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Research Papers: Design and Analysis

Low Velocity Perforation of Mild Steel Circular Plates With Projectiles Having Different Shaped Impact Faces

[+] Author and Article Information
Norman Jones1

Impact Research Centre, Department of Engineering, The University of Liverpool, Liverpool L69 3GH, UKnorman.jones@liv.ac.uk

R. S. Birch

Impact Research Centre, Department of Engineering, The University of Liverpool, Liverpool L69 3GH, UK

The value of k for a transverse shear failure is usually much smaller than k=1 and lies within the range of approximately 14 to 12(18-19).

A more rigorous analysis of material strain rate sensitive effects using equivalent stresses and strains is reported in a companion article.

ξ=0, 0.6, and 0.9 for the conical projectiles.

Note that equations (15) in Ref. 8 are not correct for 2Rd>12 since the last term should be replaced by 4.553 and not unity as stated.

1

Corresponding author.

J. Pressure Vessel Technol 130(3), 031205 (Jun 20, 2008) (11 pages) doi:10.1115/1.2937768 History: Received October 30, 2006; Revised April 13, 2007; Published June 20, 2008

This article studies the perforation of mild steel circular plates struck normally by cylindrical projectiles having blunt, hemispherical, and conical impact faces. Experimental results are obtained using a drop hammer rig for the perforation of 28mm thick plates struck by projectiles weighing between 1.75kg and 176kg and traveling up to about 12ms. The impact positions are at several radial locations across a plate, and it turns out that the perforation energy decreases as the impact location is moved away from a plate center toward the support. It transpires that the projectiles with hemispherical and blunt impact faces require the largest and the smallest impact perforation energies, respectively. Comparisons are made between the experimental results for the perforation energies and the predictions of several empirical equations. Design calculations for the impact perforation of plates could be undertaken using projectiles with blunt impact faces, which would provide a lower bound on the perforation energy of projectiles having hemispherical or conical impact faces, at least within the range of the parameters studied.

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Copyright © 2008 by American Society of Mechanical Engineers
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Figures

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Figure 1

(a) Idealized experimental arrangement with a blunt-faced projectile striking a circular plate normally at a radial distance ri from the plate center. (b) Projectile with a conical nose having a 90deg included angle. (c) Projectile with a hemispherical nose of radius d∕2.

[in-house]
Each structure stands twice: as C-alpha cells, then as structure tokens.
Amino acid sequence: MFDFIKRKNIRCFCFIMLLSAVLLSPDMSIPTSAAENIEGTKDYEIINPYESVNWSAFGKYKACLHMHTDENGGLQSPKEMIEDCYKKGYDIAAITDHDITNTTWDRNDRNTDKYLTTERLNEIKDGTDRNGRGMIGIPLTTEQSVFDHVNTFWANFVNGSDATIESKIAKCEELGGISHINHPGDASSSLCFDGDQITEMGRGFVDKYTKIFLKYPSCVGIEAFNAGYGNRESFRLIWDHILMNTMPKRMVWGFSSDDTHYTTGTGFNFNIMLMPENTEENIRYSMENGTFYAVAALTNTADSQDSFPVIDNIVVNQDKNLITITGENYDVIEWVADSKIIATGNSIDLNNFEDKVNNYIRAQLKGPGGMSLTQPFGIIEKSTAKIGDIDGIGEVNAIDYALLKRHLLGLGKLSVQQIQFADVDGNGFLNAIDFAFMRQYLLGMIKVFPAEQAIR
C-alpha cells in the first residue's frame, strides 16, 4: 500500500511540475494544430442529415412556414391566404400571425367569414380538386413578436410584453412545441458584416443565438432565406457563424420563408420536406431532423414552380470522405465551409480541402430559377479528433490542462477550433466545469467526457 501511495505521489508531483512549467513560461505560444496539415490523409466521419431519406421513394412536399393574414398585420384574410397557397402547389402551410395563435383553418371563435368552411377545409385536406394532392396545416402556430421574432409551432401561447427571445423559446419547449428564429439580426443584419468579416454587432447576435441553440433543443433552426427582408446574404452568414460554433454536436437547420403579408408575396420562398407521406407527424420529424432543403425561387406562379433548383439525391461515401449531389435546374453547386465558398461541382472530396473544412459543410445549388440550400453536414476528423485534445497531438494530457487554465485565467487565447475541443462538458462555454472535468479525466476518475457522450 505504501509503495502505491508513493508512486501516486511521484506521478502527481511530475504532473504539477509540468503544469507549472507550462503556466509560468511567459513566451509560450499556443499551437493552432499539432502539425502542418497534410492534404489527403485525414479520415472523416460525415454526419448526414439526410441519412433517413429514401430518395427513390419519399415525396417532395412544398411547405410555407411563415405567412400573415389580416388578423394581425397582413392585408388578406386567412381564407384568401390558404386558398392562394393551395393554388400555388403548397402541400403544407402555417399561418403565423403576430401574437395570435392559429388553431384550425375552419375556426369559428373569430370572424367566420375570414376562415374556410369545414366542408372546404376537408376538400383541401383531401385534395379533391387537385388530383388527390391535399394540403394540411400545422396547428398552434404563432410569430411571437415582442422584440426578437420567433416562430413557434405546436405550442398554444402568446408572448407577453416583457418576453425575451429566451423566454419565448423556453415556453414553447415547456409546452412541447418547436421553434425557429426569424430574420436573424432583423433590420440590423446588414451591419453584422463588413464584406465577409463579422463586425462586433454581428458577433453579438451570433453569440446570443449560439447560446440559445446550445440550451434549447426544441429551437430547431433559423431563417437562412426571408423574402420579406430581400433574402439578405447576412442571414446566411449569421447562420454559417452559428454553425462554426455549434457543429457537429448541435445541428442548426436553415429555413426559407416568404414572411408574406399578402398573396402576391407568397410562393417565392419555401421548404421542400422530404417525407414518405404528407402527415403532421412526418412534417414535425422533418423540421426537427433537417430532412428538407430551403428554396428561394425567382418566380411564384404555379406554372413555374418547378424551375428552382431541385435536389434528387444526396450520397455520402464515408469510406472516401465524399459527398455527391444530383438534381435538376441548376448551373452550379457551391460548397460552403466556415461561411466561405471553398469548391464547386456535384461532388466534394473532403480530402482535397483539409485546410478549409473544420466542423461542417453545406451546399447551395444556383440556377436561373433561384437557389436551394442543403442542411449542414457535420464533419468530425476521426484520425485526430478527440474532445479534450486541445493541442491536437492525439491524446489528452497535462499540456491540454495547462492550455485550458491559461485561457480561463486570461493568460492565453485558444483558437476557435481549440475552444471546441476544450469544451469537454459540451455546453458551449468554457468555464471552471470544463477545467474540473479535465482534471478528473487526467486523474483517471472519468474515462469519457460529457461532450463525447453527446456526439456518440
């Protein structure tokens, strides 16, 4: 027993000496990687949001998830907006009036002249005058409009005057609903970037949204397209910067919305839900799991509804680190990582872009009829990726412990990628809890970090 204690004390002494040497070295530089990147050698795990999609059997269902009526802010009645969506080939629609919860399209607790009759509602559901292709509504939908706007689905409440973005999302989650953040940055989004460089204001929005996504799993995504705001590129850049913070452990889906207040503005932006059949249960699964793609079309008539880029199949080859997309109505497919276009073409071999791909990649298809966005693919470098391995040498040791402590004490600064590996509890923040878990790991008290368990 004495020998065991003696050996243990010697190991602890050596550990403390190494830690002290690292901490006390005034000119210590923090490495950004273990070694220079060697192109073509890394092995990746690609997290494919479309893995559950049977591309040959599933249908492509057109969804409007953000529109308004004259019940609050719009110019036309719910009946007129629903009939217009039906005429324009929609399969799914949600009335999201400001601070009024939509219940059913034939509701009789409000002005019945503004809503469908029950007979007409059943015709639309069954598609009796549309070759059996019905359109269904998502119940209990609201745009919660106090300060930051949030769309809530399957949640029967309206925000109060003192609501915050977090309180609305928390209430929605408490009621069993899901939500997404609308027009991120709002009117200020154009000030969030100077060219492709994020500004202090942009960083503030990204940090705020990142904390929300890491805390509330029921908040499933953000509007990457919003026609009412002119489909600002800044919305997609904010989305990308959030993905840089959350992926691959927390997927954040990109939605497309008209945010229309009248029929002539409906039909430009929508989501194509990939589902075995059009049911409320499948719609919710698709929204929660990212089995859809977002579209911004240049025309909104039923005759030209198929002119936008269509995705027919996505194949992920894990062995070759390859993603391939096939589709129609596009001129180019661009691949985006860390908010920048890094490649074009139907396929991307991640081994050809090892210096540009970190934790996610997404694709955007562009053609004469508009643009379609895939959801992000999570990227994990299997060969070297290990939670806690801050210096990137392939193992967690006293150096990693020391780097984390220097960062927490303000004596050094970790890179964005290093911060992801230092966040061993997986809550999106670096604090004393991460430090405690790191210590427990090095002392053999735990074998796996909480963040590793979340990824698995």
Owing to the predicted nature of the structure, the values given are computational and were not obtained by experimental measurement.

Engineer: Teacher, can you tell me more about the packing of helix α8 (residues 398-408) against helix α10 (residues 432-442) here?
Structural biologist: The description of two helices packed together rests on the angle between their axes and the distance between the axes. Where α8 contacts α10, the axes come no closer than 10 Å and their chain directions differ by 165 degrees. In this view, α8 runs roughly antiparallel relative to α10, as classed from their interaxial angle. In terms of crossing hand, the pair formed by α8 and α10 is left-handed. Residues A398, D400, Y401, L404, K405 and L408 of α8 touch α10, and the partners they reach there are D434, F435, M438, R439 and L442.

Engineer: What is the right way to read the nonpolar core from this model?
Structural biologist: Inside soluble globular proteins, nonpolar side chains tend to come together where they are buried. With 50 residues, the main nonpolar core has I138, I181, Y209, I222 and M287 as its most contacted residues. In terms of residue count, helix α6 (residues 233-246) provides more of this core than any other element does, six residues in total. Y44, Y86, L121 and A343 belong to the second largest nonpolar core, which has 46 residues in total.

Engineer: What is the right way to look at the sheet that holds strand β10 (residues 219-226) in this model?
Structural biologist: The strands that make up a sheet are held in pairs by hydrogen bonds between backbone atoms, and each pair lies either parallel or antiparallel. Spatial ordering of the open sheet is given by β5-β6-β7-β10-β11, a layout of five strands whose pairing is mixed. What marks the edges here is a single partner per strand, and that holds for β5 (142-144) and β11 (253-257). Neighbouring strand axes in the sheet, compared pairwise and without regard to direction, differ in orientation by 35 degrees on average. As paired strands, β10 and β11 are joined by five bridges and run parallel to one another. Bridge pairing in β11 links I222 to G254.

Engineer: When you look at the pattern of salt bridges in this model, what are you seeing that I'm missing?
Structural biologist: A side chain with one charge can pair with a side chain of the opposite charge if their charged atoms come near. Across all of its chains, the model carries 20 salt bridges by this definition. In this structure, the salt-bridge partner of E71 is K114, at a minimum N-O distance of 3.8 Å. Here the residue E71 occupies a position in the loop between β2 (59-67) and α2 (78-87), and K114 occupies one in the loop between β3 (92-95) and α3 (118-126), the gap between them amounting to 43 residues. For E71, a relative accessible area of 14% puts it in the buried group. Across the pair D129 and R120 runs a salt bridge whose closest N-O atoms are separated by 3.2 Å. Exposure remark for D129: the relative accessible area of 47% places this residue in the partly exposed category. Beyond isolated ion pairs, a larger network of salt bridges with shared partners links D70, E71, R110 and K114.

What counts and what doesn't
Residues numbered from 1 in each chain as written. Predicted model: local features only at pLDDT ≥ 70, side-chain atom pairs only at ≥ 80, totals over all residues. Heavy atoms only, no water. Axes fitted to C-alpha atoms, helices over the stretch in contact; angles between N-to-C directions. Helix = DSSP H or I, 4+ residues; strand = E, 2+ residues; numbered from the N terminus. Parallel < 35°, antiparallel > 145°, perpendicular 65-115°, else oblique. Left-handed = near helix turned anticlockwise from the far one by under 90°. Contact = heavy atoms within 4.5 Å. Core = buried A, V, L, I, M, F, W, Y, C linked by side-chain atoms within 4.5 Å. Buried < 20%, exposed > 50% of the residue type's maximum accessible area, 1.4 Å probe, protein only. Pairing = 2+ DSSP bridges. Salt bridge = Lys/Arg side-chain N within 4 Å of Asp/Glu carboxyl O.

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Figure 2

Variation of dimensionless perforation energies with ξ, d∕H, and striker nose geometry for 2mm thick mild steel plates with 2R=203.2mm. ——◻——, blunt; —⋅—⋅X—⋅—, conical; – – ○ – –, hemispherical. ▽: experimental results, blunt projectile with d∕H=2.54(10).

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Figure 3

Variation of dimensionless perforation energies with ξ, d∕H, and striker nose geometry for 4mm thick mild steel plates with 2R=203.2mm. The notation is defined in Fig. 2. ▽: experimental results, blunt projectile with d∕H=1.27(10).

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Figure 4

Variation of dimensionless energies for perforation and cracking with ξ and striker nose geometry for 6mm thick mild steel plates with d∕H=2.54 and 2R=203.2mm. ○ and ◻, defined in Fig. 2; ◼, +, and ●, energies for cracking caused by blunt, conical, and hemispherical shaped projectiles, respectively.

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Figure 5

Variation of dimensionless perforation energies with ξ, d∕H, and projectile nose geometry for 8mm thick mild steel plates with 2R=203.2mm. The notation is defined in Fig. 2.

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Figure 6

Photographs of some typical circular plate failures. (a) H=8mm, ξ=0, blunt-faced projectile, d∕H=1.27. (b) H=6mm, ξ=0.8, blunt-faced projectile, d∕H=2.54. (c) H=4mm, ξ=0, hemispherical projectile, d∕H=1.27. (d) H=2mm, ξ=0, conical projectile, d∕H=5.08. (e) H=6mm, ξ=0.8, hemispherical projectile, d∕H=2.54. (f) H=8mm, ξ=0, conical projectile, d∕H=2.54.

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Figure 7

Variation of dimensionless perforation energies with plate thickness for d∕H=2.54 and 2R=203.2mm. The notation is defined in Fig. 4. (a) ξ=0, (b) ξ=0.5 (ξ=0.6 for × at H=8mm), and (c) ξ=0.8 (ξ=0.9 for × at H=8mm)

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Figure 8

Comparison of dimensionless perforation energies with empirical equations for fully clamped circular plates (2R=203.2mm) struck at the center (ξ=0) by blunt-faced projectiles having d∕H=2.54. Experimental results: ——◻——. Empirical results: – – – – – – 1, SRI equation (Eq. 1); – – – – – –- 2, BRL equation (Eq. 2); – – – – – – 3, Neilson equation (Eq. 3) (lower curve has a coefficient 1.0 instead of 1.4); – – – – – – 4, Jowett equation (Eq. 7); —⋅—⋅— 5, Eq. 8.

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Figure 9

Comparison of dimensionless perforation energies at several positions, ξ, with an empirical equation (Eq. 6) for blunt projectiles having d∕H=2.54(2R=203.2mm). Experimental results: ——◻——, ξ=0; ——▽—— (▼ severe cracking), ξ=0.5; ——△——, ξ=0.8. — ⋅ —: empirical equation (Eq. 6) (Eq. 8 at ξ=0).

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